eBook Everyday Medical Ethics and Law, 1st Edition

  • Published By:
  • ISBN-10: 1118384849
  • ISBN-13: 9781118384848
  • DDC: 174.2
  • Grade Level Range: College Freshman - College Senior
  • 322 Pages | eBook
  • Original Copyright 2013 | Published/Released March 2014
  • This publication's content originally published in print form: 2013
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Everyday Medical Ethics and Law is based on the core chapters of Medical Ethics Today, focussing on the practical issues and dilemmas common to all doctors. It includes chapters on the law and professional guidance relating to consent, treating people who lack capacity, treating children and young people, confidentiality and health records. The title is UK-wide, covering the law and guidance in each of the four nations. Each chapter has a uniform structure which makes it ideal for use in learning and teaching. "10 Things You Need to Know About..." introduces the key points of the topic, Setting the Scene explains where the issues occur in real life and why doctors need to understand them, and then key definitions are followed by explanations of different scenarios. The book uses real cases to illustrate points and summary boxes to highlight key issues throughout. Whilst maintaining its rigorous attention to detail, Everyday Medical Ethics and Law is an easy read reference book for busy, practising doctors.

Table of Contents

Front Cover.
Half Title Page.
Other Frontmatter.
Title Page.
Copyright Page.
Medical Ethics Committee.
List of Case Examples.
1: A Practical Approach to Ethics.
2: Does Medical Ethics Help and How?.
3: Medical Law and Healthcare Law.
4: Ethical Decision Making.
5: Approaching an Ethical Problem.
6: A Final Word on Problem Solving.
7: References.
8: The Doctor–Patient Relationship.
9: Setting the Scene.
10: Responsibilities for Patients and the Duty of Care.
11: Patient Autonomy and Choice.
12: Truth-Telling and Good Communication.
13: Keeping Patients' Trust.
14: Recognising Boundaries.
15: Treating Oneself, Friends and Family.
16: Providing a Safe Service.
17: A Last Word on the Doctor–Patient Relationship.
18: References.
19: Consent, Choice and Refusal: Adults with Capacity.
20: Setting the Scene.
21: The Importance of Information.
22: Refusal of Treatment.
23: Seeking Consent.
24: Documenting the Decision.
25: Implementing the Decision.
26: A Last Word about Patient Consent and Refusal.
27: References.
28: Treating Adults Who Lack Capacity.
29: Setting the Scene.
30: The Law Concerning Treatment and Non-Treatment of Adults Lacking Capacity to Consent.
31: Assessing Patients' Capacity.
32: Providing Care and Treatment for Adults Lacking Mental Capacity.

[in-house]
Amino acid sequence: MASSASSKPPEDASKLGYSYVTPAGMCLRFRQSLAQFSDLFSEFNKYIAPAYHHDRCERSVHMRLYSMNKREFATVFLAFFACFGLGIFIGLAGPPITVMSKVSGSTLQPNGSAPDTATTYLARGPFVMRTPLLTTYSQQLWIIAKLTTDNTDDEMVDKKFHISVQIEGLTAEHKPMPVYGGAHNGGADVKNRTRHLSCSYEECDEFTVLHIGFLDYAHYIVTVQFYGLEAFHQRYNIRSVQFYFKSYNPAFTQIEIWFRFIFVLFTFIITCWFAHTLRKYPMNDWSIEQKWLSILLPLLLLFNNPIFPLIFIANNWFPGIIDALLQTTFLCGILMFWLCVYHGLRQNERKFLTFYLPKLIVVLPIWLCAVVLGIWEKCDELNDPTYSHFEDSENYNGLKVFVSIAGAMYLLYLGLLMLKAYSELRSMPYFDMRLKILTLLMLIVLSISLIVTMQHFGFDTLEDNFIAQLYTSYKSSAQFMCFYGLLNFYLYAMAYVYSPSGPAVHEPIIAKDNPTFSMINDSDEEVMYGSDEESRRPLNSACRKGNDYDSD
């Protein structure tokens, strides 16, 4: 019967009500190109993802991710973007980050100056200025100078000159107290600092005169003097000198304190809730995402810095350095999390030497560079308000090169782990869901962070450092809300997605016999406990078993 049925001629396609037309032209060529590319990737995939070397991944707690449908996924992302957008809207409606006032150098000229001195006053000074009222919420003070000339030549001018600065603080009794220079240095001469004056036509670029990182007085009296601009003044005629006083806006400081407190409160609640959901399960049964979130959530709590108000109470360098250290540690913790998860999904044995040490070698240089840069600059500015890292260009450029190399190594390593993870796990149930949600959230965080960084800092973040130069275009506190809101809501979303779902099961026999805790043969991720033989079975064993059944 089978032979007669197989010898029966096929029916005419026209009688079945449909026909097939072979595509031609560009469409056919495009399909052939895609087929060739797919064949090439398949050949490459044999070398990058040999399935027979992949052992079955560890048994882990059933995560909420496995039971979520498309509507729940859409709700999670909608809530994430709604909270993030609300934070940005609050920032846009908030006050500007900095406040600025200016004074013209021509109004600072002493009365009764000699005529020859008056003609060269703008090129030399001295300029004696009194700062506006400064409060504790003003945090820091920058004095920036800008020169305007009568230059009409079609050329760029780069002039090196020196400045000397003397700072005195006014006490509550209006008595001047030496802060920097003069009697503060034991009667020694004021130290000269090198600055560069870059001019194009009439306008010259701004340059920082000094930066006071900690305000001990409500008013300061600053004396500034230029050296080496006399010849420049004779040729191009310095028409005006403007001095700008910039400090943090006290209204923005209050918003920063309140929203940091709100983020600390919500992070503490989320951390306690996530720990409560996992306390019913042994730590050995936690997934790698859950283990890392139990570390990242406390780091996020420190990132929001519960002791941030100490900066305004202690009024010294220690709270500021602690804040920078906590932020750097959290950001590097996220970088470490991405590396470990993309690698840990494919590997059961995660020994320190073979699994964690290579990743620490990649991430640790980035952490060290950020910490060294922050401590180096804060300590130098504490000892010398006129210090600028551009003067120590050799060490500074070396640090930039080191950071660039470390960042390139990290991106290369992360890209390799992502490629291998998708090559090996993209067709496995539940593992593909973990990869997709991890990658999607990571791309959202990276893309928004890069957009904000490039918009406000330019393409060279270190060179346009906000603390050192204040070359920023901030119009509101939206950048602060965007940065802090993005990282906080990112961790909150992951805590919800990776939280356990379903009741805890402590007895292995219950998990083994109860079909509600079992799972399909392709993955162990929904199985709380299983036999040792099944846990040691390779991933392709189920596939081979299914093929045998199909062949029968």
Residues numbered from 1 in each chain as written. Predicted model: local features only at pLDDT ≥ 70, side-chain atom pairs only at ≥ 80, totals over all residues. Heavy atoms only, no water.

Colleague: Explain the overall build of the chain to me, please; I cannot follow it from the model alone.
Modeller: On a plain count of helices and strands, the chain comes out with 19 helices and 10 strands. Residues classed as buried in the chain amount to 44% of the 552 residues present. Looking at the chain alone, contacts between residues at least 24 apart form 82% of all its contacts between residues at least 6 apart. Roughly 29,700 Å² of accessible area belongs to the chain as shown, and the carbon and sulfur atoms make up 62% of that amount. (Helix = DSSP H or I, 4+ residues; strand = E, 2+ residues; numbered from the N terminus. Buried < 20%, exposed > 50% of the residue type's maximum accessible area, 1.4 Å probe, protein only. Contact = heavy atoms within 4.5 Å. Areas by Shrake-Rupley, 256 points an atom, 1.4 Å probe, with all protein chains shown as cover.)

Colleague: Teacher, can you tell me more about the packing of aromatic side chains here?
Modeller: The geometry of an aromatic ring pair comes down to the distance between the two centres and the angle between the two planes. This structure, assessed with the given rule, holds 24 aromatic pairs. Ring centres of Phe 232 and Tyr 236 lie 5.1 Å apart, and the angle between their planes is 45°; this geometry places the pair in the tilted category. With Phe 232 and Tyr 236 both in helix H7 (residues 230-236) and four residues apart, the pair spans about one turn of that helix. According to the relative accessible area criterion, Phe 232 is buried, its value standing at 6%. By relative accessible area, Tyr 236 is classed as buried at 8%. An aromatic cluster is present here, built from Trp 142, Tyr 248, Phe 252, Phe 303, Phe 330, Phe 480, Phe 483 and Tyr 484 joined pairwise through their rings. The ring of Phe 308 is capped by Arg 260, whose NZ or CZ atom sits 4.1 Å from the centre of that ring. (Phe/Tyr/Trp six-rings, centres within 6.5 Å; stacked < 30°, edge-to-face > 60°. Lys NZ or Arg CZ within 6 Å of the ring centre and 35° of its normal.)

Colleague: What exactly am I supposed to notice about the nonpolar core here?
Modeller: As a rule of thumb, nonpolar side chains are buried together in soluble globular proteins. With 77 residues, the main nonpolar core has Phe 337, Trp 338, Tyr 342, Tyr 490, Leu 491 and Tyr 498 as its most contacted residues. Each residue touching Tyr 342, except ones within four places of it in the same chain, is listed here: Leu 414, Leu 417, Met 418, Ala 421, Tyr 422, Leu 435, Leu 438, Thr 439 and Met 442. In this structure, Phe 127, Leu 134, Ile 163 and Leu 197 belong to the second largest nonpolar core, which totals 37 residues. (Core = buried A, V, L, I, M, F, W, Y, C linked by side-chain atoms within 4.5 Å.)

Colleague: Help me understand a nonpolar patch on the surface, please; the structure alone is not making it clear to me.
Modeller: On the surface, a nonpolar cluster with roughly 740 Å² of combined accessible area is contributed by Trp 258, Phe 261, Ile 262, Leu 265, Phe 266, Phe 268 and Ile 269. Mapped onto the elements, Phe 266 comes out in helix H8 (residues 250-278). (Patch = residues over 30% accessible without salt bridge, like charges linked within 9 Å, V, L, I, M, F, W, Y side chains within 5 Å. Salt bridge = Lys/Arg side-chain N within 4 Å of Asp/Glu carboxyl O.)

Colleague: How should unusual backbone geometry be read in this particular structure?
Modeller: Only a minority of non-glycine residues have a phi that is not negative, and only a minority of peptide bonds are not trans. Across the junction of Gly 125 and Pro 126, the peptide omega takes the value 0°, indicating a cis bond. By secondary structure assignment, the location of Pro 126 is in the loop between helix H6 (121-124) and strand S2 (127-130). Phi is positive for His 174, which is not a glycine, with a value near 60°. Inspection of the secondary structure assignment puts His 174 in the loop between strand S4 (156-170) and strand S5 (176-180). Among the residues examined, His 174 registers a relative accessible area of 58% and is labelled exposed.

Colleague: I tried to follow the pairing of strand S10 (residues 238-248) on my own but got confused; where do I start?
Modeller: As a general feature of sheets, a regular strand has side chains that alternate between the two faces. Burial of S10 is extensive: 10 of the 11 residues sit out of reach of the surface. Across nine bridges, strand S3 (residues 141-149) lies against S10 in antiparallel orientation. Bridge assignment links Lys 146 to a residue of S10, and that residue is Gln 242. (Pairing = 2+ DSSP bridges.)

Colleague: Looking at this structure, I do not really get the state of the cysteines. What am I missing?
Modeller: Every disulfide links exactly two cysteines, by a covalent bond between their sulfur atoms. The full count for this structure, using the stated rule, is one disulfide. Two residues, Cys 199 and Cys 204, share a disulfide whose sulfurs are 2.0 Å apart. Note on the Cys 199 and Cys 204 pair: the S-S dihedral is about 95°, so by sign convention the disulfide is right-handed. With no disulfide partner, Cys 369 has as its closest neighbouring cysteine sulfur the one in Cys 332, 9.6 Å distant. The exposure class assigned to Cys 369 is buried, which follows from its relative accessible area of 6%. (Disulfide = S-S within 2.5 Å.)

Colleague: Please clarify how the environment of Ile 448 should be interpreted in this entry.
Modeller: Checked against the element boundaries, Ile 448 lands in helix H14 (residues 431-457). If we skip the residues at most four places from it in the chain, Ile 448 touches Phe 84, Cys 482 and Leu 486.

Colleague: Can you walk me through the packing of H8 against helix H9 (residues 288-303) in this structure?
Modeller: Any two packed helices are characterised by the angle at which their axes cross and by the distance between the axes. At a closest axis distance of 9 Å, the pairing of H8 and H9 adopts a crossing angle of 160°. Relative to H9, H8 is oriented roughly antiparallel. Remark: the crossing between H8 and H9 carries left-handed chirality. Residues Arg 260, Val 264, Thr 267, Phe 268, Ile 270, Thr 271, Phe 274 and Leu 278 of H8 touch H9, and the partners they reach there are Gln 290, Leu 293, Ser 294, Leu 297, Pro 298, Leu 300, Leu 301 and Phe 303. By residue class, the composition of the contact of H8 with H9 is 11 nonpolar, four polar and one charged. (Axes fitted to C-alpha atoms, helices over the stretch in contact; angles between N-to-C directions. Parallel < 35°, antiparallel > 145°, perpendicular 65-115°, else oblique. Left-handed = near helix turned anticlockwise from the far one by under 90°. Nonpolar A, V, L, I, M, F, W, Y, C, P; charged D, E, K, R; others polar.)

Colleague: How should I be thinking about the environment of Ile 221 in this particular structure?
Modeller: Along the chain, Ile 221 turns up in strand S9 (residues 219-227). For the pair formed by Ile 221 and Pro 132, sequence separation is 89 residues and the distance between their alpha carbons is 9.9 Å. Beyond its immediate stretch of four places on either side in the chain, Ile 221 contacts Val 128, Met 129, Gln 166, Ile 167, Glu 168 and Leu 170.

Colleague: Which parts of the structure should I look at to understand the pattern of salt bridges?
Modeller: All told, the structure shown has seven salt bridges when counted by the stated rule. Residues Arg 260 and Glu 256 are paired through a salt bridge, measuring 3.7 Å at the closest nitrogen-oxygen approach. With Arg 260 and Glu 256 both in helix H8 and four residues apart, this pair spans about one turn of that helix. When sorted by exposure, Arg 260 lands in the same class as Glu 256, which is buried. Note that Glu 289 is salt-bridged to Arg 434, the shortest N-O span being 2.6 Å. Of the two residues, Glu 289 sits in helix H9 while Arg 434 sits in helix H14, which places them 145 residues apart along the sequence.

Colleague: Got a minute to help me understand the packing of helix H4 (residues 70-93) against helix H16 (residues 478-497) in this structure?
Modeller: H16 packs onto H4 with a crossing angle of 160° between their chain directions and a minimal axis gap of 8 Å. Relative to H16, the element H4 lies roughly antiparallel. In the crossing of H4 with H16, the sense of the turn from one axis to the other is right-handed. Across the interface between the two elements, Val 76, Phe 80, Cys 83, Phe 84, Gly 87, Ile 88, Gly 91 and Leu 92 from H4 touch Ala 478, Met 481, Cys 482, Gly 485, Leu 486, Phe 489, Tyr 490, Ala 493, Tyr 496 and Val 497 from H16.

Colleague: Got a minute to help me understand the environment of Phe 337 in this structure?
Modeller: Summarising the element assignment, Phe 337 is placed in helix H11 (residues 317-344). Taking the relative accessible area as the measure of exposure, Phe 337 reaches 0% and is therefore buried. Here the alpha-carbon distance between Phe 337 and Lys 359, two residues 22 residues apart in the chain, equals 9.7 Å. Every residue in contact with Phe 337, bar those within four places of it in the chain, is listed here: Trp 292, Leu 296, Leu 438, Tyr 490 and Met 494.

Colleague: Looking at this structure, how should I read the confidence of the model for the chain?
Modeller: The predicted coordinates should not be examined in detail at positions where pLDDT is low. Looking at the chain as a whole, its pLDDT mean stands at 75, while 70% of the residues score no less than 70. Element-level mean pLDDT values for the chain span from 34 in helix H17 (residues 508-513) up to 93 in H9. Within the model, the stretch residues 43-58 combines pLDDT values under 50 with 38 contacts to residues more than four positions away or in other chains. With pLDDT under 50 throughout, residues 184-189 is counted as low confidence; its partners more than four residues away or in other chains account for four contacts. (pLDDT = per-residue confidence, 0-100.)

33: The Role of Proxy Decision Makers.
34: Decisions Needing Special Safeguards.
35: A Last Word on Caring for Adults Who Lack Capacity.
36: References.
37: Treating Children and Young People.
38: Setting the Scene.
39: Consent to Examination and Treatment.
40: Consent or Refusal on Behalf of Babies and Young Children.
41: Involving Older Children in Decisions.
42: Assessing Competence in Children and Young People.
43: Consent and Refusal by Competent Young People.
44: Research Involving Children and Young People.
45: Consent and Refusal in Exceptional Circumstances.
46: Child Protection.
47: Advisory Services and Involving the Courts.
48: A Last Word on Treating Children and Young People.
49: References.
50: Patient Confidentiality.
51: Setting the Scene.
52: What Is Sonfidential?.
53: Keeping Information Secure.
54: Informing Patients about Possible Uses of Their Health Information.
55: The Law on Confidentiality and Disclosure.
56: Use of Patient Information for Purposes Directly Related to Care.
57: Uses of Patient Information for Purposes Indirectly Related to Care.
58: Disclosures Unrelated to Health Care.
59: Disclosures to Identify and Address Poor Health Care.
60: Disclosures Related to Crime Prevention, Detection or Prosecution.
61: Disclosures in the Public Interest.
62: The Confidentiality Owed to Deceased Patients.
63: A Last Word on Confidentiality.
64: References.
65: Management of Health Records.
66: Setting the Scene.
67: Defining Medical Records.
68: Making a Health Record.
69: Changing Medical Records or Adding to Them.
70: Primary and Secondary Uses of Records.
71: Giving Access to Patient Records and Reports.
72: Security of Data.
73: Retention and Destruction of Records.
74: A Last Word about Records Management.
75: References.
76: Prescribing and Administering Medication.
77: Setting the Scene.
78: Talking to Patients and Obtaining Consent.
79: Choosing the Right Product for the Patient.
80: Shared Prescribing and Continuity of Care.
81: Prescribing for Different Patient Groups.
82: Conflicts of Interest.
83: Administering Medication.
84: A Last Word about Prescribing and Administering Medicine.
85: References.